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You Are What You Post
While the revolution in business supposedly afforded by the Web extends barely beyond Denis Leary's Lotus-sponsored smirk, the tiny company I work for has gained one tremendous advantage from our toe-hold on the Internet.
The Web makes a great HR department.
Forget actually finding people -- CareerPath and The MonsterBoard and la.jobs are all fine and good, but the Web's real advantage comes in giving me -- currently the entire R&D Department, and desperate to hire -- access to real-world information on the anonymous names that come across my desk. A quick AltaVista search will produce more (and more honest) information about an applicant than a couple of tedious hours over a sandwich and a soda.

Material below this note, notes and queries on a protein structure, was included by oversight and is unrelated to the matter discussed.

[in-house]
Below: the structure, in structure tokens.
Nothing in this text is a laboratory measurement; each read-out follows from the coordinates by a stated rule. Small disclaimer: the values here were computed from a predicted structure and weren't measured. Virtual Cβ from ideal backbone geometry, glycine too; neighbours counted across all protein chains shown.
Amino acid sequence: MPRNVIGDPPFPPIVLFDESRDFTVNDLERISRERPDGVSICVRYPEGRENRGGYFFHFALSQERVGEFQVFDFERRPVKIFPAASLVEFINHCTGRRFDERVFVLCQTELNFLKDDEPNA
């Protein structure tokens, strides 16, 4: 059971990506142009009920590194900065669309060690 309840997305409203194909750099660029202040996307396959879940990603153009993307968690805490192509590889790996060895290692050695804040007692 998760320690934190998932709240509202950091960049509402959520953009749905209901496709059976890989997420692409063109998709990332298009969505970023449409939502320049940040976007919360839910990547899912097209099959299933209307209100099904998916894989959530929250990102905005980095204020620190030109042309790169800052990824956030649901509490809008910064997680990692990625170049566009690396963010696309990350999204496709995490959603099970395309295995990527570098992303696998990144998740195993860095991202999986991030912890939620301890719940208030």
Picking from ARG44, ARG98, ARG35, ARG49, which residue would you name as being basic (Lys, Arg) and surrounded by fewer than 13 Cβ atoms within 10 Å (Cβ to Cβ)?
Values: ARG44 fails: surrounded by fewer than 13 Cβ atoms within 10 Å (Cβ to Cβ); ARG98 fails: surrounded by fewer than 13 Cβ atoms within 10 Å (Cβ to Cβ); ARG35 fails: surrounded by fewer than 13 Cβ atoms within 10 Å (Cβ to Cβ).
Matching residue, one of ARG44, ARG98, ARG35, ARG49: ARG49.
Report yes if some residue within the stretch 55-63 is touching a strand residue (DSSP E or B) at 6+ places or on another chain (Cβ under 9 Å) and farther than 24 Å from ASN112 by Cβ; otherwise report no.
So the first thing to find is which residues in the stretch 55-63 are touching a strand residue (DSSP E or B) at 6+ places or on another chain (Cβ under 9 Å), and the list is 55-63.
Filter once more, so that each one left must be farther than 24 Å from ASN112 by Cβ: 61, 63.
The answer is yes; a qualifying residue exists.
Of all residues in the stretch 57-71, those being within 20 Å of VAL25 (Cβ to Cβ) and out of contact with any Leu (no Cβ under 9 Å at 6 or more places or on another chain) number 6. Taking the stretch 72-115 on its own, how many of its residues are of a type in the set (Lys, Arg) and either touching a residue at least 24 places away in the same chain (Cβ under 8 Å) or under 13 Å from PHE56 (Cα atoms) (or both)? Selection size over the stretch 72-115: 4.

The Web has irreversibly shrunk the distance between work and play, between job and hobby. What was once well-hidden weekend noodling is now world-wide spectacle, most of it sloppy and ugly and just plain wrong. These aren't things a small company can afford in its programmers, and it's all very good information to have when making a decision.
This sort of on-the-cheap fishing expedition is inevitably going to become part of the standard hiring process, especially in the computer industry. It's just too easy to do. Everything you say on-line -- everything you have ever said on-line -- is going to be part of every job interview you have from now on.
Just something to think about before that next post to alt.sex.stories.
Other pieces about online publishing: